Courtesy of MCT
After one of the strongest earthquakes in the last century struck off the coast of Japan Friday, much of the nation was left decimated, as death counts continue to rise and the threat of a nuclear meltdown looms.
The official death toll stands at 1,700, but one senior police official in Minamisanriku, said the toll would “certainly be more than 10,000.”
Ohio State has heard either directly or indirectly through their families from all 13 students studying in Japan, said Grace Johnson, study abroad director.
Melanie Beaudette, a Ph.D. candidate in women’s studies, said her brother Joey, 25, contacted them after the initial earthquake on Friday, but she has yet to hear from him since the tsunami struck.
“The whole situation is basically horrifying,” Beaudette said. “It’s very hard on everyone in the family, especially because we feel so far away and so hopeless.”
The Japanese government has also declared a state of emergency at the Fukushima Daini nuclear power plant, according to the International Atomic Energy Agency. A radiation leak at the plant — located about 60 miles from Sendai, the closest city to the earthquake’s epicenter — had forced the evacuation of nearly 200,000 people from the surrounding 12-mile radius.
Officials narrowly escaped disaster there, as power failure halted the plant’s cooling system, posing the threat of a nuclear meltdown. In a process described as a “Hail Mary,” officials flooded the reactor with sea water, which cooled the core and prevented a total meltdown. A meltdown threatens widespread radiation release when the reactor’s core fails.
Japanese media have reported similar problems at three other nuclear plants in the area, two of which experienced partial meltdowns. The government said radiation leakage at the plants had likely exposed 170 people.
John Carney, whose grandson attends OSU, was the vice president of property engineering at the American Nuclear Insurers, and visited the Fukushima plant around 1986 to inspect it.
“The location of this particular plant was near an earthquake-prone zone, so naturally this was a topic that was on my mind,” Carney said. “I asked them to present to me their design basis, and their approach to protect against an accident.”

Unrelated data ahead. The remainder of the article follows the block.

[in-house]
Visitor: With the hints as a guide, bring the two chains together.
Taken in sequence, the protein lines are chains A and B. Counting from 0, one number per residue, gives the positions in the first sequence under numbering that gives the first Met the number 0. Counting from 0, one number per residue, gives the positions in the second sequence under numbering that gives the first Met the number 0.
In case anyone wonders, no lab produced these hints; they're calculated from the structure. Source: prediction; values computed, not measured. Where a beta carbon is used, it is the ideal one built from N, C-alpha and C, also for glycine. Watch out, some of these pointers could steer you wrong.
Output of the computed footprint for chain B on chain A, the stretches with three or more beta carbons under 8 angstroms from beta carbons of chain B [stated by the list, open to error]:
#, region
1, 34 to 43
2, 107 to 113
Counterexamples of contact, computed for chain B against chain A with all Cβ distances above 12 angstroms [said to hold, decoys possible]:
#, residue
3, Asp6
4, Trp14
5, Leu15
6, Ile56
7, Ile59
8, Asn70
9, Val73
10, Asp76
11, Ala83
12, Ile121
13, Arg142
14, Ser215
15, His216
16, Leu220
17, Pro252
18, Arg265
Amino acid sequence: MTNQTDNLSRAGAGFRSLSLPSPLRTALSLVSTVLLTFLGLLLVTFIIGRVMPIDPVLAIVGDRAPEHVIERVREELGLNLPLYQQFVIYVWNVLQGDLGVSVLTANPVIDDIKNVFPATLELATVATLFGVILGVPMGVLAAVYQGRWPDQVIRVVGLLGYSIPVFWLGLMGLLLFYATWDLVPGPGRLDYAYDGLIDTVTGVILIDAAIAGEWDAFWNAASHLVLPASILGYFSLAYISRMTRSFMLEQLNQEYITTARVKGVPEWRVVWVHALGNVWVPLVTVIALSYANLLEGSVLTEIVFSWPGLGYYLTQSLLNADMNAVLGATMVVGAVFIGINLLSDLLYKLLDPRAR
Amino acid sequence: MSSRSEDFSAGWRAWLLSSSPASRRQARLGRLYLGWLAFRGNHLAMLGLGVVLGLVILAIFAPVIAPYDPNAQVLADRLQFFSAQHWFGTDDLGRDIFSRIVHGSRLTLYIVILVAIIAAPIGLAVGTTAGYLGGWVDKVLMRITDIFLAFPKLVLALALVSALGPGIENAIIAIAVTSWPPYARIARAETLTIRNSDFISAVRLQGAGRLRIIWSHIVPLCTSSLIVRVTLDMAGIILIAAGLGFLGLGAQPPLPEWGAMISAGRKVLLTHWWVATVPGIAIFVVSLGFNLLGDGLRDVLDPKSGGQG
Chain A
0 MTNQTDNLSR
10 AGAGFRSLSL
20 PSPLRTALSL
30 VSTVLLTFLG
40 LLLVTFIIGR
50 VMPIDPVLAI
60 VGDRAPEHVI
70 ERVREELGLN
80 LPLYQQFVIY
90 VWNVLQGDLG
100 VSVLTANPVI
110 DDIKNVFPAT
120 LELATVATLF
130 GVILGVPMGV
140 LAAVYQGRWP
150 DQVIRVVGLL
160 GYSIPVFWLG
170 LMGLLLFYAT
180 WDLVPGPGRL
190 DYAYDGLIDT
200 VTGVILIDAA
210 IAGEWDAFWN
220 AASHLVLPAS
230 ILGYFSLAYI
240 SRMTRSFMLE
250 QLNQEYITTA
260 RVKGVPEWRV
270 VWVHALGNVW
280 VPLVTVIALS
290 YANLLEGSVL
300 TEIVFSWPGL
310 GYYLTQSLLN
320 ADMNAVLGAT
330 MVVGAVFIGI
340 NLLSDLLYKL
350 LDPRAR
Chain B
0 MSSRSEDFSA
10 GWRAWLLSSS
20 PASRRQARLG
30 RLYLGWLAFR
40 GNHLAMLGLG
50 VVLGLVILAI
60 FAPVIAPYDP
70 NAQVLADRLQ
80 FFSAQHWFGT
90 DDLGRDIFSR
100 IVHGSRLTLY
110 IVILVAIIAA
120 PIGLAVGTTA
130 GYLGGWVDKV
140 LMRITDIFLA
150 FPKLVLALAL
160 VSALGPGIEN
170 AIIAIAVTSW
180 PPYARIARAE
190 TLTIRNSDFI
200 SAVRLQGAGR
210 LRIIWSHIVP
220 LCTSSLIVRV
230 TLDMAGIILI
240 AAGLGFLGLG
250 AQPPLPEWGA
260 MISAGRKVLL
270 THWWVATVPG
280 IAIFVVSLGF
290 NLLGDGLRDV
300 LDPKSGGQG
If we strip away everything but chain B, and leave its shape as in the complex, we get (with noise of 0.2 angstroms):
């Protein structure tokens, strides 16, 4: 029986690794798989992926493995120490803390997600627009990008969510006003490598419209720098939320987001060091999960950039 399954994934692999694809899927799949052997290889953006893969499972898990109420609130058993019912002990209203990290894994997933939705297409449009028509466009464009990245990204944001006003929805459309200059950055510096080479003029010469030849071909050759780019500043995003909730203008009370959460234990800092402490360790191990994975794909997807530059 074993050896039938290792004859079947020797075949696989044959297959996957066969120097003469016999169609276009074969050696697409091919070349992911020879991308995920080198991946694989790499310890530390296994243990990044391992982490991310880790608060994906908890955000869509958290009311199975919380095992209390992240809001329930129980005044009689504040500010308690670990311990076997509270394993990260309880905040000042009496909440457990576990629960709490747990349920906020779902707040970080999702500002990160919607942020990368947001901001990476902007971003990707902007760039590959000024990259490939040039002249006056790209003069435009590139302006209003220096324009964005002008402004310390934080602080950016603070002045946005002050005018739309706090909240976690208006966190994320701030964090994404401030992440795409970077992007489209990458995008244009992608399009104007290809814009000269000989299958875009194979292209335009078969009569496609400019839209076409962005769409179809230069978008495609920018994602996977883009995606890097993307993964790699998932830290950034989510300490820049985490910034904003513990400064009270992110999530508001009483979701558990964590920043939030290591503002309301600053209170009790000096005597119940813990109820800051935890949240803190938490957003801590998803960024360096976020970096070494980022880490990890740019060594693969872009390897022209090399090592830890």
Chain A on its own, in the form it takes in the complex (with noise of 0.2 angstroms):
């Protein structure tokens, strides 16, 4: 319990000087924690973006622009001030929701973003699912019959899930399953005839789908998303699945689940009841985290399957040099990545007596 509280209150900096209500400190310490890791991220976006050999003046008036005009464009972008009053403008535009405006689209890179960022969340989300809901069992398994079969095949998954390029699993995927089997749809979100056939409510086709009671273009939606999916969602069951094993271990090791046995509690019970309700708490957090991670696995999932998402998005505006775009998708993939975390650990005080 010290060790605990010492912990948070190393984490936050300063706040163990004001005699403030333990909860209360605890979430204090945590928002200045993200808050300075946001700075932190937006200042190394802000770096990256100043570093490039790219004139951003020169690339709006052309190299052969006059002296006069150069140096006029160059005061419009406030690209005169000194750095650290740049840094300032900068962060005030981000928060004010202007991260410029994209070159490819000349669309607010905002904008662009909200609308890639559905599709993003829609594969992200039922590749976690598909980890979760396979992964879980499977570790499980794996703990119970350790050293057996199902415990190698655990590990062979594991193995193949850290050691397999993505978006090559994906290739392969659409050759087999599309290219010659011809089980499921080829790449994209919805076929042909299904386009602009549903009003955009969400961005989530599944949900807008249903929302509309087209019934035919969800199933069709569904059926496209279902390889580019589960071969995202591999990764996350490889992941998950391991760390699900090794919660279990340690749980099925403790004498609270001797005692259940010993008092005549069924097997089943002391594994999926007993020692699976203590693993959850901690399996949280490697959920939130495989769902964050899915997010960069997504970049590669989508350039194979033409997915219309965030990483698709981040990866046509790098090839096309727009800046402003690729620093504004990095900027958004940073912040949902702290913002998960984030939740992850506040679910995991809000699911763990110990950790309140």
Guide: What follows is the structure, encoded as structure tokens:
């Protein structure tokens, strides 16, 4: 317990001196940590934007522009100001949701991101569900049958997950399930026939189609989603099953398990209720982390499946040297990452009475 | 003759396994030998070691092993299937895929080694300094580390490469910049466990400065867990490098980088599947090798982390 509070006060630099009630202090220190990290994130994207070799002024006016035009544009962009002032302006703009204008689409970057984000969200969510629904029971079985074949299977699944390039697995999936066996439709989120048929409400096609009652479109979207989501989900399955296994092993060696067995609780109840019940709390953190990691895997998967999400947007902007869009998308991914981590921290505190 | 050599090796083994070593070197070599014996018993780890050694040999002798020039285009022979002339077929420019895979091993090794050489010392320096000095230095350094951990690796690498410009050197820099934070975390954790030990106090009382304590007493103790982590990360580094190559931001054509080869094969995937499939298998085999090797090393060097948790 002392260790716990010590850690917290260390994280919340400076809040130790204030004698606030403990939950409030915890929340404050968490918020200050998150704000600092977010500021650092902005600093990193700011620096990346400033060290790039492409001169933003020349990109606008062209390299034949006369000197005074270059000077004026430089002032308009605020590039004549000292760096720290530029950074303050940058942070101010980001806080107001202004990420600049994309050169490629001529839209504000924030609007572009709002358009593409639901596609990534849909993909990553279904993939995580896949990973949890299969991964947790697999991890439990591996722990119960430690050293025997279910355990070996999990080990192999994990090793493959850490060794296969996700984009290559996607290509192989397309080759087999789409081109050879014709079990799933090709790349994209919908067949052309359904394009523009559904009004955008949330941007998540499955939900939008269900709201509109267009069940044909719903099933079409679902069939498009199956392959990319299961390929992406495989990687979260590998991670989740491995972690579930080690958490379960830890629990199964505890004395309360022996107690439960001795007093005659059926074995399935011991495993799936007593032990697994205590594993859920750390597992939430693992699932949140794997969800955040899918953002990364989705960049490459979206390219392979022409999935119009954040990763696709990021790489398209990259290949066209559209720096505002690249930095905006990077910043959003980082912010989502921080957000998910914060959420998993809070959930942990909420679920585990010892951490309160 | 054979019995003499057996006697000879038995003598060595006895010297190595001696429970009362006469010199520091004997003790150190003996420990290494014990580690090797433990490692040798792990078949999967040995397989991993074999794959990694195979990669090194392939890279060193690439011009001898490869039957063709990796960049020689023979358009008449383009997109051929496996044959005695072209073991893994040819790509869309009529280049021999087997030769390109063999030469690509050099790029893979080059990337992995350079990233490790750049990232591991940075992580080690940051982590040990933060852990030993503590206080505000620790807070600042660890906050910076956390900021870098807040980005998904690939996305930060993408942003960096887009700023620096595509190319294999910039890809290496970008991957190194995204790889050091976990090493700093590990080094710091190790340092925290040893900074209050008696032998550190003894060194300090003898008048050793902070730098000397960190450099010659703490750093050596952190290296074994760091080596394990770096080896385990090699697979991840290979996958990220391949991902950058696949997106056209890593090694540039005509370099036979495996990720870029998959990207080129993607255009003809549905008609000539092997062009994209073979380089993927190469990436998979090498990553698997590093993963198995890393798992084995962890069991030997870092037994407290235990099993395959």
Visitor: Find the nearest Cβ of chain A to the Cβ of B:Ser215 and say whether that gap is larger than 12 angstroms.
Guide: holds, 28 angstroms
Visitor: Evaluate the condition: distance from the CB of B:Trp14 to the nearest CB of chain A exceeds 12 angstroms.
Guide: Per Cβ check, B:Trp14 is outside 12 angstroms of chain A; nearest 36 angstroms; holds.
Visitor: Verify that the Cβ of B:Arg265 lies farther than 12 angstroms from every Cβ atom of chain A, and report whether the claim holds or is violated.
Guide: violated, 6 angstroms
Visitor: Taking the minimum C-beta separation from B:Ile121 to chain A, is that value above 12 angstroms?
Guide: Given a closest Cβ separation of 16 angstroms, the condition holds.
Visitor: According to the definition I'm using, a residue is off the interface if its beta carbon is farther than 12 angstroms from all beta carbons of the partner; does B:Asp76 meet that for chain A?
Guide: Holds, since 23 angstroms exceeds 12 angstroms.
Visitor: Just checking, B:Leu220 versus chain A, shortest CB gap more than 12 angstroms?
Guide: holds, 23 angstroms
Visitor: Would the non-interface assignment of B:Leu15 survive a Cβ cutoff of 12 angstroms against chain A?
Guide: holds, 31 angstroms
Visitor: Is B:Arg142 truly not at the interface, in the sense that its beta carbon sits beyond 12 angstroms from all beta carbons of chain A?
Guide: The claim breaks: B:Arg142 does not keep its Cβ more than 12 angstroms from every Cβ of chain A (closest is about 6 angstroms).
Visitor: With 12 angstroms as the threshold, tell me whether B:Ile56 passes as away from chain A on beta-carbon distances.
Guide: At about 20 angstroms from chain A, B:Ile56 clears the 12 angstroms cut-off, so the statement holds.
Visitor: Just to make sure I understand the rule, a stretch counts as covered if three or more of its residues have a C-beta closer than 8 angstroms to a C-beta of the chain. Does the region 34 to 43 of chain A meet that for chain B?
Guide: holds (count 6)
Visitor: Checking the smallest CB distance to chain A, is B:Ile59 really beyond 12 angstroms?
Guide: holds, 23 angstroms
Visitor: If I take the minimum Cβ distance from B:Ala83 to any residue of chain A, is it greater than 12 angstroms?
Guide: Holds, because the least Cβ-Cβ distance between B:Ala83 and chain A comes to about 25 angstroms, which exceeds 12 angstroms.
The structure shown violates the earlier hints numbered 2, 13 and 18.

Carney said those plans took into account the plant’s location on a major fault line.
“When they were showing me the anchoring system for the buildings and the piping systems, you would be impressed as I was at the magnitude and the size of these projects,” he said, pointing out that the building can actually slide.
Japan’s strict building codes have been praised in the wake of the disaster, with many officials claiming they saved thousands of lives.
Carney said the key to the plant’s survival was “overdesign.”
“You can raise questions about … locating power plants in earthquake areas as they have,” Carney said. “Japan as a country has a limited area and a huge population, and you do your damnedest to overdesign and live up to your goal.”
Carney said if a meltdown is averted, it could serve as a testament to safety precautions that designers of nuclear power plants take and could influence the use of the energy source around the world.
“There’s a resurgence of interest in this country, 24 proposals in this works,” Carney said. “People will start to recognize that nuclear power is not a mistake.”
The Japanese Meteorological Association upgraded the magnitude of the quake from 8.8 to 9.0, which doubles the recorded power. It is the largest ever recorded in Japan, and sits as the fifth most powerful since 1900, according to the United States Geological Survey.
Japanese Prime Minister Naoto Kan called it the “worst crisis in the 65 years since the war.”
OSU geology professor Michael Bevis said Friday’s quake, and the 8.8-magnitude quake that hit Chile Feb. 27, 2010, which killed about 795 people, according to the Chilean government, are known as “megathrust events.”
“In this case, the Pacific plate underthrusted the continental plate Japan sits on,” he said. “That results in the continental plate thrusting upwards, which pushes the sea floor upwards. That just blows a shock wave that moves at the speed of sound in water.”
Bevis said that is 500 miles per hour in deep water. When it reaches shallower water closer to the shore, the surge slows down, bunches up and increases in amplitude, pushing water onto land.
“It’s not a wave,” he said. “It’s more like a wall of water.”
Bevis said that wall can continue coming for as long as 15 minutes.
“It just keeps coming and coming,” he said.
The quake and tsunami combination, which occurred about 30 minutes apart, have crippled the area’s infrastructure, leaving cell phone towers and landlines down, and severely halting transportation as many highways, airports and train tracks were submerged in rushing water.